With more and more people adopting meat-free or plant-based diets, it can help to have an arsenal of vegetarian and vegan options in your sushi repertoire. Many diners in westernised countries are exposed to a poor selection, but when you find a chef who knows what they are doing, the results and the options are endless.
Standard fish-free sushi options in the Western world, avocado and cucumber have rightfully earned their place, but they are not the only ingredients you can use. Here are a few ideas suitable for people who prefer fish, seafood, and meat-free food.
Cucumber Maki and More
We eat with our eyes before we eat with our mouths, so food that makes a visual impact is always a hit with guests. Your vegan friends are sure to love cucumber maki (plus, it gives you a chance to use your rolling mat). Keep in mind that this variation is a popular starter, so make sure you check out other recipes for vegan sushi.
Handrolls, also known as temaki, are a great way to wow guests with the unique taste of natto, a gloopy paste of fermented soybeans. The beans are fermented with a strain of healthy bacteria.
Shiitake Mushroom Nigiri
Just like real money bingo games, nigiri is incredibly popular. In its original form, nigiri is a piece of raw fresh fish the same size and shape as the log of rice on which it rests. Your vegetarian friends can enjoy the next-best thing – nigiri made with shiitake mushroom that has been slightly seasoned with salt or soy sauce and cooked lightly over a flame.
Tamagoyaki – the Egg Option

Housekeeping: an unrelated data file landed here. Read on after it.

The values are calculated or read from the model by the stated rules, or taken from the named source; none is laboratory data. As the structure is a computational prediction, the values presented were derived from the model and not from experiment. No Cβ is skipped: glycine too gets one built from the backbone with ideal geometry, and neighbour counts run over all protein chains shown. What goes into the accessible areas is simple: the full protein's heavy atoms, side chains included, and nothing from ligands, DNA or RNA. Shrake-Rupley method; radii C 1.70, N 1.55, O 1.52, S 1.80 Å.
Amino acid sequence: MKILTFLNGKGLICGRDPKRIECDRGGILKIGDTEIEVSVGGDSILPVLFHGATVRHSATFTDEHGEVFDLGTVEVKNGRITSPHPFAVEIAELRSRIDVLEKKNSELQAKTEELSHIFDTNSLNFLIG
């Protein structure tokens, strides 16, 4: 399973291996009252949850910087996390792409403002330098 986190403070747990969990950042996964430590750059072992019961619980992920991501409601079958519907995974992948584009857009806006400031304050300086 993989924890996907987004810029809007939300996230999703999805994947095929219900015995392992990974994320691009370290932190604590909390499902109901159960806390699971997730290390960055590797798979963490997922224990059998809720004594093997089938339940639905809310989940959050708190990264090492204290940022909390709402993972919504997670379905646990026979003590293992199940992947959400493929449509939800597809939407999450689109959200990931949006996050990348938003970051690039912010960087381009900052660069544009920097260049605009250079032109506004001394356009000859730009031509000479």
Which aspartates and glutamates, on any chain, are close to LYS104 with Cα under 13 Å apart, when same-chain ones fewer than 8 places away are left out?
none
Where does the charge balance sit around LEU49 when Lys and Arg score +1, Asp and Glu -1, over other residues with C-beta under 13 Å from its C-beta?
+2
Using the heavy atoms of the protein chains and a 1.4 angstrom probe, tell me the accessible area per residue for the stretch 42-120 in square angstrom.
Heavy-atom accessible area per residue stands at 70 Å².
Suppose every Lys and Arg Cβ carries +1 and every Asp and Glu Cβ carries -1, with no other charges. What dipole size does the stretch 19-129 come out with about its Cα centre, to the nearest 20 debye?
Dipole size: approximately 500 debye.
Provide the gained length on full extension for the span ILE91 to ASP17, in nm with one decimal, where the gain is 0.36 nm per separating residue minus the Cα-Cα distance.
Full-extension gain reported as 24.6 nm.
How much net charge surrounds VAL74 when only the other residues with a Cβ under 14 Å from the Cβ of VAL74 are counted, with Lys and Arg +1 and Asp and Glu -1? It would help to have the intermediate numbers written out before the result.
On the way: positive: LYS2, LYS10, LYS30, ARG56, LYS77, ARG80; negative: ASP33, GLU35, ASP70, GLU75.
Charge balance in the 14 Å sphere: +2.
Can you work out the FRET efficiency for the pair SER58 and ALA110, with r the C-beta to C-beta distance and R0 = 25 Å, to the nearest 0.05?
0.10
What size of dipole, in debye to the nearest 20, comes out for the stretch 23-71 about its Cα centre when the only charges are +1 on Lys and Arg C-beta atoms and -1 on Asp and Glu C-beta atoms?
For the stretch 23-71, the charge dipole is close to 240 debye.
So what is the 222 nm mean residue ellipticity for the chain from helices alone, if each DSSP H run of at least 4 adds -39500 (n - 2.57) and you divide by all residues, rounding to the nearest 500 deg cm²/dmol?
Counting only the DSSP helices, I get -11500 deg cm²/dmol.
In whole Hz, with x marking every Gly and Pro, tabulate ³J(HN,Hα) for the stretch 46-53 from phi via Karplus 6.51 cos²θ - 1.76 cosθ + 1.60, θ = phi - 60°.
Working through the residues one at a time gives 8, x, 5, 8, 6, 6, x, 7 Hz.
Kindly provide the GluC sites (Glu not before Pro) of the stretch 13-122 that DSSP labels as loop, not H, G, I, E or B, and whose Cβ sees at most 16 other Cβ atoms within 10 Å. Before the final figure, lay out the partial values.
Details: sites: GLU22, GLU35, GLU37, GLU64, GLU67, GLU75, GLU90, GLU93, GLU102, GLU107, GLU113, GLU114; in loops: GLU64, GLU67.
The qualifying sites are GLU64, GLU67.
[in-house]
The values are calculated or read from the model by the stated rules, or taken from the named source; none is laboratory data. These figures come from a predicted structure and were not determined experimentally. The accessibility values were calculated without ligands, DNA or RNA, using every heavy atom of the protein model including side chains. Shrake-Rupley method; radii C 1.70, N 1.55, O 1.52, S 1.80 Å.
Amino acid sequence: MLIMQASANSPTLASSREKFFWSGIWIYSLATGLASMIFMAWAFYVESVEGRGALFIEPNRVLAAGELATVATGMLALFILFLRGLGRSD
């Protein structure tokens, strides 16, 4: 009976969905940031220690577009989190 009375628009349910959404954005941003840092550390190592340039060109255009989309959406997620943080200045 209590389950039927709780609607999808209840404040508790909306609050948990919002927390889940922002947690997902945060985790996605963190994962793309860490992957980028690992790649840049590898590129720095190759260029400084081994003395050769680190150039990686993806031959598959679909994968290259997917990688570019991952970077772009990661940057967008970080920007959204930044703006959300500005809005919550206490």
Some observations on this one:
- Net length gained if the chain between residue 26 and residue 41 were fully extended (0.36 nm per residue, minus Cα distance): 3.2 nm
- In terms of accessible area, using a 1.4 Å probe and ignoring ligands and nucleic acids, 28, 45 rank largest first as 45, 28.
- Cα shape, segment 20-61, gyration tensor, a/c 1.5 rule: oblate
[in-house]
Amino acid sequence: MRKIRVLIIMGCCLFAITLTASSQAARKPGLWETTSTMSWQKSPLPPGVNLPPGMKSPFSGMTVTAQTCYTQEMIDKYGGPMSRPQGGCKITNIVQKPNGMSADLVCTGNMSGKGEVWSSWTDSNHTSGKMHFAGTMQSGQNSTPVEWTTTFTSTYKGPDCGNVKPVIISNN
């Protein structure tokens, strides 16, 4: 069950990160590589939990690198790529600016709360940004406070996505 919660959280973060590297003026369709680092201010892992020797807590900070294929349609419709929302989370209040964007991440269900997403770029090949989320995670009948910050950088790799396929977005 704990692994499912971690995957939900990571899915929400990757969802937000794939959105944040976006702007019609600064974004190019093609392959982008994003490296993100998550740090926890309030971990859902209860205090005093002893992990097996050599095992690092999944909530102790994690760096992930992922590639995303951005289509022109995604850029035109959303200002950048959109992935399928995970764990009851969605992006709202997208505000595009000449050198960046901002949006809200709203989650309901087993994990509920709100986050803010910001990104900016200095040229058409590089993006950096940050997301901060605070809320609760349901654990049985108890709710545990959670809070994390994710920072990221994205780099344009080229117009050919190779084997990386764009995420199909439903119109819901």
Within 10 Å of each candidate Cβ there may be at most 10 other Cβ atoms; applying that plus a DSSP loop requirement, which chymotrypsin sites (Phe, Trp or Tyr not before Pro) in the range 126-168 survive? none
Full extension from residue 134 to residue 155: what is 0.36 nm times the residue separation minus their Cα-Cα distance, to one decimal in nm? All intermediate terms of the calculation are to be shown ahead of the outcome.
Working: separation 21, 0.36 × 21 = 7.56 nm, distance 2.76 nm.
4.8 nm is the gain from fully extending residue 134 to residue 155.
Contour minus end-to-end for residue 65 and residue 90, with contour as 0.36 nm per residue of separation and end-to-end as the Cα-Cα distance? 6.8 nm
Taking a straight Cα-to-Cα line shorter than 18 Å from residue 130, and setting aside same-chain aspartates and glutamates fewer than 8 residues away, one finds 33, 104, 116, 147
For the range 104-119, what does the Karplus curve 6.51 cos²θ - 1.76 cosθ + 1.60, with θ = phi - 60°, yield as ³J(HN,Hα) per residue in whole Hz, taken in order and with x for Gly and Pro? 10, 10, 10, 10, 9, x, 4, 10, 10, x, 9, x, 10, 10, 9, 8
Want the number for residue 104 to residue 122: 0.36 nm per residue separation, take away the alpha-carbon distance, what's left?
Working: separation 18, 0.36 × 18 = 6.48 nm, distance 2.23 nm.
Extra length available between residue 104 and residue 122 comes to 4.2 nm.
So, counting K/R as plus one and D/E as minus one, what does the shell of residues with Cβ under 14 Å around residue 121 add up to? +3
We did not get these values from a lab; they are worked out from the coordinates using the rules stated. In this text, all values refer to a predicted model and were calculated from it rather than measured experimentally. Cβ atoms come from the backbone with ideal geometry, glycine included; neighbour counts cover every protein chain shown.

Some vegetarians eat egg, and you can cater for them by making tamagoyaki nigiri. Instead of fish, seafood, or vegetable, the bite-sized rice log is topped with a piece of sweet and savoury omelette. The tamagoyaki is usually held in place with a band of seaweed. Making the omelette, which uses eggs, soy sauce, mirin, sugar, and salt, is quick and easy. When cooked, it is folded up and sliced.
Nasu Your Way
Nasu, or eggplant, lends itself to different ways of being prepped for sushi. You can pickle it for chewiness and tartness, or you can grill it until it is butter soft. Another option is to make a tempura batter (remember to use a recipe that uses bean brine or another plant-based egg replacement), and then complement the tempura eggplant with grated ginger.
A traditional offering at Shinto shrines in Japan, inarizushi is named after the fox that carries messages to and from the gods. Believed to be one of the fox’s favourite treats, it is a pouch made of tofu, and filled with traditional sushi rice and sesame seeds. Making inarizushi is a completely different experience to making other types of sushi, not least because of the tofu pocket and the cooking method. It is not the most common form of sushi outside of Japan, and so making it is worth the extra effort.